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I am trying to figure out a way to check for a undefined value of a slope in which case it would be vertical. I have tried using NULL but that doesn't seem to work.

double Point::Slope(Point &p2)
{
   double slop = 0;
   slop = (y - p2.y) / (x - p2.x);

   if (slop == NULL)
   {
      slop = 10e100;
   }

   return slop;   
}
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1  
You need to review your questions and accept some answers! –  karlphillip Nov 21 '11 at 23:08
    
This would help stackoverflow.com/questions/570669/… –  hauleth Nov 21 '11 at 23:09
    
You need to define what would be outside the range of acceptable values and then check for that. –  r_ahlskog Nov 21 '11 at 23:10
    
thats makes sense thanks i will do that –  user954004 Nov 21 '11 at 23:12
    
This question is not a duplicate of the indicated question. See this conversation on meta: meta.stackexchange.com/questions/109993/… –  John Dibling Nov 22 '11 at 14:50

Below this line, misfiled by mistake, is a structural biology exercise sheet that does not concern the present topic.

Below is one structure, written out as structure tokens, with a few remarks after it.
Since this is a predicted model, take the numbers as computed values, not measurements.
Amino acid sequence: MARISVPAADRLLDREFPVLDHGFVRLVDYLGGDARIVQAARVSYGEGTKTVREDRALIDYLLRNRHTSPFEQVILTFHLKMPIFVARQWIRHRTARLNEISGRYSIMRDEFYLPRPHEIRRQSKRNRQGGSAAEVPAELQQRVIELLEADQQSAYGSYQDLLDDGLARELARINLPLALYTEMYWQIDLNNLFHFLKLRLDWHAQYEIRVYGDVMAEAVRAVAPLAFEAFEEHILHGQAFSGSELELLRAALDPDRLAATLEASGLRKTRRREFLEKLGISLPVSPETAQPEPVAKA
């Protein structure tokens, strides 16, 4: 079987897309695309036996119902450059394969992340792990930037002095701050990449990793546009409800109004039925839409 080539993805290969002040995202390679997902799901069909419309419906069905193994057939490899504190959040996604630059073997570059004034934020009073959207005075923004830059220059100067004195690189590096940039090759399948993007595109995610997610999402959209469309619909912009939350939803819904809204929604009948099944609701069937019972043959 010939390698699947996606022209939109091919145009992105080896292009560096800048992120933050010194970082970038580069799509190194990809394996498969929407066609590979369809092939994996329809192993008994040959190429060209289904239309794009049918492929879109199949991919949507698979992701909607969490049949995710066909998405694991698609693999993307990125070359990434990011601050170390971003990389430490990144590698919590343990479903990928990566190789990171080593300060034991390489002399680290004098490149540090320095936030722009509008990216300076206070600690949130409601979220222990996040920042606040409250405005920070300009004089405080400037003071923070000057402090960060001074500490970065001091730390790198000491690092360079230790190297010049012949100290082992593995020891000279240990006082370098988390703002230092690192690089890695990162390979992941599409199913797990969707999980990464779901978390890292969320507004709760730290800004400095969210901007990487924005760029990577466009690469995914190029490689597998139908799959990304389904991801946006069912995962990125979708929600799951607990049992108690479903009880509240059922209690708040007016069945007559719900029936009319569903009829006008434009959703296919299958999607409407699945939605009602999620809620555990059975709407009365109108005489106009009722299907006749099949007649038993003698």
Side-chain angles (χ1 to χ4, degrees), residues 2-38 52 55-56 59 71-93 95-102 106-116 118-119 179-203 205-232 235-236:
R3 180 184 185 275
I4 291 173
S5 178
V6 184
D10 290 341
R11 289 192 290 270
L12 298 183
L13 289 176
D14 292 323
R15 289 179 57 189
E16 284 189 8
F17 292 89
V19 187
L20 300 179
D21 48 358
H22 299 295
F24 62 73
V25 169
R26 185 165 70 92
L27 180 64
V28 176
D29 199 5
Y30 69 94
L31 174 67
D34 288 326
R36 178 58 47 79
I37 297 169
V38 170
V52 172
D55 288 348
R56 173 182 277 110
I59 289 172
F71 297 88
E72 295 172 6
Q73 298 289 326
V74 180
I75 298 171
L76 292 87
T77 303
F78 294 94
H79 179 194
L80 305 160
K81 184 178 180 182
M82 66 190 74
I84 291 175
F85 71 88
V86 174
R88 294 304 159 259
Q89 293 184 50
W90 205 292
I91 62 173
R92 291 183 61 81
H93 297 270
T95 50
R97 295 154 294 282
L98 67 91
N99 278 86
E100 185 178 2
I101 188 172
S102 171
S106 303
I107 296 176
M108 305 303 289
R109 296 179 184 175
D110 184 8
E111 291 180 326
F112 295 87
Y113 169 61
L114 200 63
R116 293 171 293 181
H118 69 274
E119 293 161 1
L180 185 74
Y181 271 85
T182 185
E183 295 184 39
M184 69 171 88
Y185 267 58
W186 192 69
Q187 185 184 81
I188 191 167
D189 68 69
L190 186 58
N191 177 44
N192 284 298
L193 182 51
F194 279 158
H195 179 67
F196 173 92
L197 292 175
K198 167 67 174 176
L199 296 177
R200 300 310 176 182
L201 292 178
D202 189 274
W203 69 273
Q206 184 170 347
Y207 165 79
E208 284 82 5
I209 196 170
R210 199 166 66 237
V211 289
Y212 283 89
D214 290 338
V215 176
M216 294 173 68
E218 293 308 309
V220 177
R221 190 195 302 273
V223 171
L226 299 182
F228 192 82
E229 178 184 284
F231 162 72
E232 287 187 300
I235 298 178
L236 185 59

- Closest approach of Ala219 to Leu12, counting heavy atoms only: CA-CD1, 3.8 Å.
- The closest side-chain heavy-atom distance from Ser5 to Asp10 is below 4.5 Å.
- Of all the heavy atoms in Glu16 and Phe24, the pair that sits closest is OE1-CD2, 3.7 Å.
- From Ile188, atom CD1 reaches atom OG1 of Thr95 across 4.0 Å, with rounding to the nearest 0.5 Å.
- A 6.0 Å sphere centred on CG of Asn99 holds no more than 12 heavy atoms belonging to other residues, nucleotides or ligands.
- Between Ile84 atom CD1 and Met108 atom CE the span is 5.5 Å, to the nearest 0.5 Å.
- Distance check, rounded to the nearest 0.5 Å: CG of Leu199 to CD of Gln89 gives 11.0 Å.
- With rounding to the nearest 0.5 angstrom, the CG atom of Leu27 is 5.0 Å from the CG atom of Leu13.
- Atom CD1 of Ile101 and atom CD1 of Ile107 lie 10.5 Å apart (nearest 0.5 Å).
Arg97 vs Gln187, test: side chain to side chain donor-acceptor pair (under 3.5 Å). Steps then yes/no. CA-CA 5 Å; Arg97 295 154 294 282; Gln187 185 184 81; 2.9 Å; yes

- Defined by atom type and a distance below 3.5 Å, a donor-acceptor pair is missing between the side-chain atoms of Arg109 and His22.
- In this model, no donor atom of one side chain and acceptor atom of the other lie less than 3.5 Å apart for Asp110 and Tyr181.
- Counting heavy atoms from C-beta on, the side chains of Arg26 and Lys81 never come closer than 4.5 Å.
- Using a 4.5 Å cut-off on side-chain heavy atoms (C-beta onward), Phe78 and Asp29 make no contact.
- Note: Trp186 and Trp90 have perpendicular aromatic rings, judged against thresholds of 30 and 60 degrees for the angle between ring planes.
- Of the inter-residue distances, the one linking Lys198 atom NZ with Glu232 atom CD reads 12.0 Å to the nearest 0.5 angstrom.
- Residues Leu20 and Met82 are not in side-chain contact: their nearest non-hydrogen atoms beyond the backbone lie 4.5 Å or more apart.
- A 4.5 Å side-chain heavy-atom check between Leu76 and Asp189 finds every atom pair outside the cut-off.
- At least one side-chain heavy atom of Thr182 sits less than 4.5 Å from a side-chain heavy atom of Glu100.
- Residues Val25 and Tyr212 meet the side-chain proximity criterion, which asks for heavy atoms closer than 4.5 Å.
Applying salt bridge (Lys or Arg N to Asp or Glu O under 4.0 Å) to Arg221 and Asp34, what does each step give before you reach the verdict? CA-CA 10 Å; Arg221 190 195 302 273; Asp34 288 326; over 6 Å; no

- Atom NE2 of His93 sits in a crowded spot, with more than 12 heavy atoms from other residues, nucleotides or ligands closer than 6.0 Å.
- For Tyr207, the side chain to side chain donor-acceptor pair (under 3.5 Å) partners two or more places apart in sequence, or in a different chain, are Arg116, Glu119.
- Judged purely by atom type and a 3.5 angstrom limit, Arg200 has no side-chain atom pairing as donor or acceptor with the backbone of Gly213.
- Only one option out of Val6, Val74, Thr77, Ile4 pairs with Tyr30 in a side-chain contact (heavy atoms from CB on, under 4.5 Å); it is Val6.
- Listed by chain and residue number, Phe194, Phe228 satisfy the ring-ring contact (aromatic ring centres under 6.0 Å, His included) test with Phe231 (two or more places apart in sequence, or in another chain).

3 Answers 3

up vote 3 down vote accepted

If you mean nan ('not a number') with "undefined", you should avoid computing one in the first place, i.e. by checking that the denominator of a '/' operation is not zero. Second, you can always check for nan by

#include <math.h>
bool isnan(x);

see the man pages.

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1  
isnan is not a Standard function, AFAICT. –  John Dibling Nov 22 '11 at 14:48

In C++, NULL == 0. This is not what you seek.

Maybe this may help you : http://www.gnu.org/s/hello/manual/libc/Infinity-and-NaN.html

Try the isnan(float) function.

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I'd recommend avoiding the divide-by-zero all together (by the way... why don't you call it slope instead of slop?):

double Point::Slope(Point&p2)
{
    double slope = 0;
    double xDelta = x - p2.x;
    double yDelta = y - p2.y;

    if (xDelta != 0)
    {
        slope = yDelta / xDelta;
    }

    return slope;   
}
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